Heat olive oil in a stainless steel pan for 15 seconds and then add red onions, white onions, half of the cilantro leaves, bell pepper, ground turkey, and all of the spices. Cook over med-high to high heat (adjusting to your stove), stirring frequently to break up the meat and to get all the ingredients mixed together. If it starts to stick, add a little more olive oil.
When the meat is about half-way browned, add the juice from ½ the lemon. Continue stirring. (You don’t want to add the lemon juice too early or it will keep the meat from browning – but you want to add it soon enough to where it will get distributed all through the ground turkey. I find that ground turkey really needs an acid to enhance the flavor.)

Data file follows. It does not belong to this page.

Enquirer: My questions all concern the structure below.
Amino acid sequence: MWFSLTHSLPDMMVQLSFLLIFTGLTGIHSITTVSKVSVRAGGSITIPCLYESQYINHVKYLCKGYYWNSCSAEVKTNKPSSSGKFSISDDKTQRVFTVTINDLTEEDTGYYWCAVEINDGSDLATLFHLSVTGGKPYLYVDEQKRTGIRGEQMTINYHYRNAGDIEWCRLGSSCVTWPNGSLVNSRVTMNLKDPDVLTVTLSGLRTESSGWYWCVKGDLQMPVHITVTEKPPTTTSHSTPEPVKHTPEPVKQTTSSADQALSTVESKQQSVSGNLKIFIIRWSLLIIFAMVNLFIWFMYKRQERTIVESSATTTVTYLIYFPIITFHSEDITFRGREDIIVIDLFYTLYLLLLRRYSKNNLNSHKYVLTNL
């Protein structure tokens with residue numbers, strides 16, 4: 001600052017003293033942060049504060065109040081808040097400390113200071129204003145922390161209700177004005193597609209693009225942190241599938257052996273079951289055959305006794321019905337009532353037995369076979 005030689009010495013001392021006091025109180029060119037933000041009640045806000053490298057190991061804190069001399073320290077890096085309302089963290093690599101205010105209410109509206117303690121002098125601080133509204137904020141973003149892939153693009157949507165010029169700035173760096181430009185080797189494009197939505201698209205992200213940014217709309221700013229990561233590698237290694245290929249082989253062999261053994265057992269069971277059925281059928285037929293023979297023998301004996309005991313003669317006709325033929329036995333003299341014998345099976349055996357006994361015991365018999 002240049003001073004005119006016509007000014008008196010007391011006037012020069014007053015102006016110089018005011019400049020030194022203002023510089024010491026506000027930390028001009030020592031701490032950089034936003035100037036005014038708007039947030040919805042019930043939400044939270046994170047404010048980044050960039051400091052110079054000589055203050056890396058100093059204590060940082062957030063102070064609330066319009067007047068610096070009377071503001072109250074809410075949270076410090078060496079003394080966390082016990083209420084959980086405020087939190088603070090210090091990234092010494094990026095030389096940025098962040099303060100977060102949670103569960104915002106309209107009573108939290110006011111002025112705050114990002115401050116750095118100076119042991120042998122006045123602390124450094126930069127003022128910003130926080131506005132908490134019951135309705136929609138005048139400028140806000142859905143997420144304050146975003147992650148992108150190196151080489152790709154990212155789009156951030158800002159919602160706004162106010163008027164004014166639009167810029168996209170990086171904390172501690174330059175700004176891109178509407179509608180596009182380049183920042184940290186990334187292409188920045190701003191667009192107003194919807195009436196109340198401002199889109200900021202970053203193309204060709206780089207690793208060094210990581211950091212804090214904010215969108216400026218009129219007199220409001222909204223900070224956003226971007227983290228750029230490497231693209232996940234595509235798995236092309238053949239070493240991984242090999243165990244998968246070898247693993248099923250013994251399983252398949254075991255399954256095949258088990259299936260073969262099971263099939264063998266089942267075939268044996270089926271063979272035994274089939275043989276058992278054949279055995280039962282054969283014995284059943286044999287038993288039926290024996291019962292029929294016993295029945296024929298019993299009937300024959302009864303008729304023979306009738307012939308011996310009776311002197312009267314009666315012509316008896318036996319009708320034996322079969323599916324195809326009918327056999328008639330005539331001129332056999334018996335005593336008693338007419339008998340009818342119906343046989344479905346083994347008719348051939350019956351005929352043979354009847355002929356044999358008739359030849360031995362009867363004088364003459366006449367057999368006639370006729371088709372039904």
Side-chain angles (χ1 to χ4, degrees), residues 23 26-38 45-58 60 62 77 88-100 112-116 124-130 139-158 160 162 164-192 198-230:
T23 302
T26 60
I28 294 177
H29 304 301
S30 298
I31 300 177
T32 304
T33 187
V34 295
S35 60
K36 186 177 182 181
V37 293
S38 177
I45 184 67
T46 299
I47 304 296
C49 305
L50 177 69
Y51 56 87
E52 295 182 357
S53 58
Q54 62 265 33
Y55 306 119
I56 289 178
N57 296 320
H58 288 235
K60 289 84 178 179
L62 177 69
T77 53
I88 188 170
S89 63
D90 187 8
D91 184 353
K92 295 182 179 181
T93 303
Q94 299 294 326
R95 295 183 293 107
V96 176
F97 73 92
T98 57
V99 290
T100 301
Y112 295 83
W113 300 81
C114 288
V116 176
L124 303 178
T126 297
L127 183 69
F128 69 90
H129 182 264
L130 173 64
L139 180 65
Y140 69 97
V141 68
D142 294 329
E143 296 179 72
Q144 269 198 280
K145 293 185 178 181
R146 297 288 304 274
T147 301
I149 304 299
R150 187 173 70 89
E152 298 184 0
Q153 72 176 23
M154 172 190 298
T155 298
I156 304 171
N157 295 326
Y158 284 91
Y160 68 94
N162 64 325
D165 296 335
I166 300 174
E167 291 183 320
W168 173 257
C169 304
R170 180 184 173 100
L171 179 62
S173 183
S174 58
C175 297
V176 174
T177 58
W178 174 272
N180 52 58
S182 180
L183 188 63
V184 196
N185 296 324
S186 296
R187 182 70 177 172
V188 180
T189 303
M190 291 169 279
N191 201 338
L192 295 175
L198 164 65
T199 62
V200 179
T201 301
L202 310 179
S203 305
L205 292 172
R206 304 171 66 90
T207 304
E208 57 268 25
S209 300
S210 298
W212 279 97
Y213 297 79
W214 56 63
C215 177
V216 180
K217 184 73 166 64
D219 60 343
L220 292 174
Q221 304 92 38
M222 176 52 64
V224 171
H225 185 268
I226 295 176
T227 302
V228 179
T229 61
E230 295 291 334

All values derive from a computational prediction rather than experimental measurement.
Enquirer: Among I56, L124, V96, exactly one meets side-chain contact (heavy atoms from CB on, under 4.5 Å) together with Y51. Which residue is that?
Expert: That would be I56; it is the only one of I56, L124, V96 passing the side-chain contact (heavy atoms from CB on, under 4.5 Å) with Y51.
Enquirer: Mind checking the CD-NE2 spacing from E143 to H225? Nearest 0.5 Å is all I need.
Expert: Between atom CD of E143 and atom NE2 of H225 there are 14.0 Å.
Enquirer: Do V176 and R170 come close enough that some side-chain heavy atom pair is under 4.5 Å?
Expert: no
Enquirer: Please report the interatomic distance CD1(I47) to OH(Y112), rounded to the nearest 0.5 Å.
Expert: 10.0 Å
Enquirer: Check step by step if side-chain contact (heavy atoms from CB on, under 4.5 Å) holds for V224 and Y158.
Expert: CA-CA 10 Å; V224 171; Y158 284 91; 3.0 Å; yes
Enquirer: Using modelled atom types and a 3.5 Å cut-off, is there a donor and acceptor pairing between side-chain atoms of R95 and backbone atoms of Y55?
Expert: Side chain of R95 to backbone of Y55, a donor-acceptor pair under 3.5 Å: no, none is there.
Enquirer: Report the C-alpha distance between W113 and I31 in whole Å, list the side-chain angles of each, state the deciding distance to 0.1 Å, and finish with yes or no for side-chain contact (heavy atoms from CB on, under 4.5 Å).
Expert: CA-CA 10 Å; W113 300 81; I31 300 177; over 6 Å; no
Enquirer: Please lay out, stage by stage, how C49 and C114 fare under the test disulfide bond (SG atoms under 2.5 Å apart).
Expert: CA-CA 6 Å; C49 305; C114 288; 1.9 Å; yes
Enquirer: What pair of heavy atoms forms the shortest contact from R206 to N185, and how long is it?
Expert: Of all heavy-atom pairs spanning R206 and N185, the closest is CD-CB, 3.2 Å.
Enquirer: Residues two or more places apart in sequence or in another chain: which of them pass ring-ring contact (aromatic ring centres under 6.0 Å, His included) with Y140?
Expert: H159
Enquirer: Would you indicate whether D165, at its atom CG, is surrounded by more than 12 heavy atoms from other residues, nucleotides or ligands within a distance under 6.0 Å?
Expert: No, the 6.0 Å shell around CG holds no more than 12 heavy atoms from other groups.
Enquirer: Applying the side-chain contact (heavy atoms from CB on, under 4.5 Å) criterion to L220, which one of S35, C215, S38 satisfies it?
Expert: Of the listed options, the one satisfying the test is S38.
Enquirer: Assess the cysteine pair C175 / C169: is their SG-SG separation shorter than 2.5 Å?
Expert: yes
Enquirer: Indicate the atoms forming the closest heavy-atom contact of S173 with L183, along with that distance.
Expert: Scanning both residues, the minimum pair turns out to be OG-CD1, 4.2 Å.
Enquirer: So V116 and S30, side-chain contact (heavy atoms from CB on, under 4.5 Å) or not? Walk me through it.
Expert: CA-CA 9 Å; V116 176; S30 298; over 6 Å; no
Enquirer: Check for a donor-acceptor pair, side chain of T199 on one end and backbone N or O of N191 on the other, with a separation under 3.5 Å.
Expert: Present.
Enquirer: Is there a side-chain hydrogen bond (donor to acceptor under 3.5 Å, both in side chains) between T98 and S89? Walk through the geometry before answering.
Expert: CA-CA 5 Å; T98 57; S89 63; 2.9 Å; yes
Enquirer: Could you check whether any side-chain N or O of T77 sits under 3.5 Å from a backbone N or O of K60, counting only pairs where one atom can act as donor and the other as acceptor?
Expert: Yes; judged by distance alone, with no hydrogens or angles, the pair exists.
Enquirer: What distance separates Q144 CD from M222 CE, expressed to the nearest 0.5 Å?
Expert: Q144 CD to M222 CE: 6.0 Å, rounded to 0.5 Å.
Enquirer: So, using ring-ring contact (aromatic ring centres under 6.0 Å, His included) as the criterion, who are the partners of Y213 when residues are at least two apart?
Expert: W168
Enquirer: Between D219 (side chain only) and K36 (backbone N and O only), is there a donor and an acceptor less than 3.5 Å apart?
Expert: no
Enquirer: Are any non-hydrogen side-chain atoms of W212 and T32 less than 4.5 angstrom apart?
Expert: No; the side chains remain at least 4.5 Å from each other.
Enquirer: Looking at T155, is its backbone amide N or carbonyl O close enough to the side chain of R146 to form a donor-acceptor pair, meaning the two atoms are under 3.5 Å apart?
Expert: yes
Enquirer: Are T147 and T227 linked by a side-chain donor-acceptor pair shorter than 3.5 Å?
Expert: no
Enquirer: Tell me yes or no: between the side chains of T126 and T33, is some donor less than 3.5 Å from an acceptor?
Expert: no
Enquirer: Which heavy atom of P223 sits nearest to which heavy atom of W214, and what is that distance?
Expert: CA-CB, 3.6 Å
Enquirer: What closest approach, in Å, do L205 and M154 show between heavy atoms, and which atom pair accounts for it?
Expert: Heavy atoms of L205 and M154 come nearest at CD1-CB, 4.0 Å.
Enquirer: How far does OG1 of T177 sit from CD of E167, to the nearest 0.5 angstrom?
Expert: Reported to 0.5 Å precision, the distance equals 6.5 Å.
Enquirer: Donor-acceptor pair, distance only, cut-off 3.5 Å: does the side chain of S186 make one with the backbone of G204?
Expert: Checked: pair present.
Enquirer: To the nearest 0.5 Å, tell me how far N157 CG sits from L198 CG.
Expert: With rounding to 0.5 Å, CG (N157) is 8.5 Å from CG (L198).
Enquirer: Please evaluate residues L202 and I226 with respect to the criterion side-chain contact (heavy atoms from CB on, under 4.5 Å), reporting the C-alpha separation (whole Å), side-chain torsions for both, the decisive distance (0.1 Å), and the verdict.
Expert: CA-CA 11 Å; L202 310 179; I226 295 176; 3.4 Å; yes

When the turkey meat is completely cooked and the bottom of the pan starts to brown, add the butter, the rest of the cilantro, and the juice from the other half of the lemon. Stir, scrapping the bottom of the pan. Toss one of the squeezed lemon halves in there, seeds removed, and then cover. Turn the burner off, letting it sit until tortillas are ready. Before serving, remove lemon and stir.
While the meat is resting, lightly butter a dozen corn tortillas. Heat for 7 seconds on each side in a non-stick pan. Placed warmed shells on a paper towel lined plate – using a paper towel between every four tortillas.
Chunky Avocado Guacamole/Pico (recipe follows)
Shredded Sharp Cheddar (I really recommend you grate your own – it is so worth it)
Chunky Avocado Pico
(Make this before cooking the meat and store in the refrigerator – Just don’t forget to add the lime juice or it will look ugly.)
Prep time 15 minutes
2 small-medium diced Tomatoes
¼ cup Cilantro leaves, roughly chopped
¼ cup diced Red Onion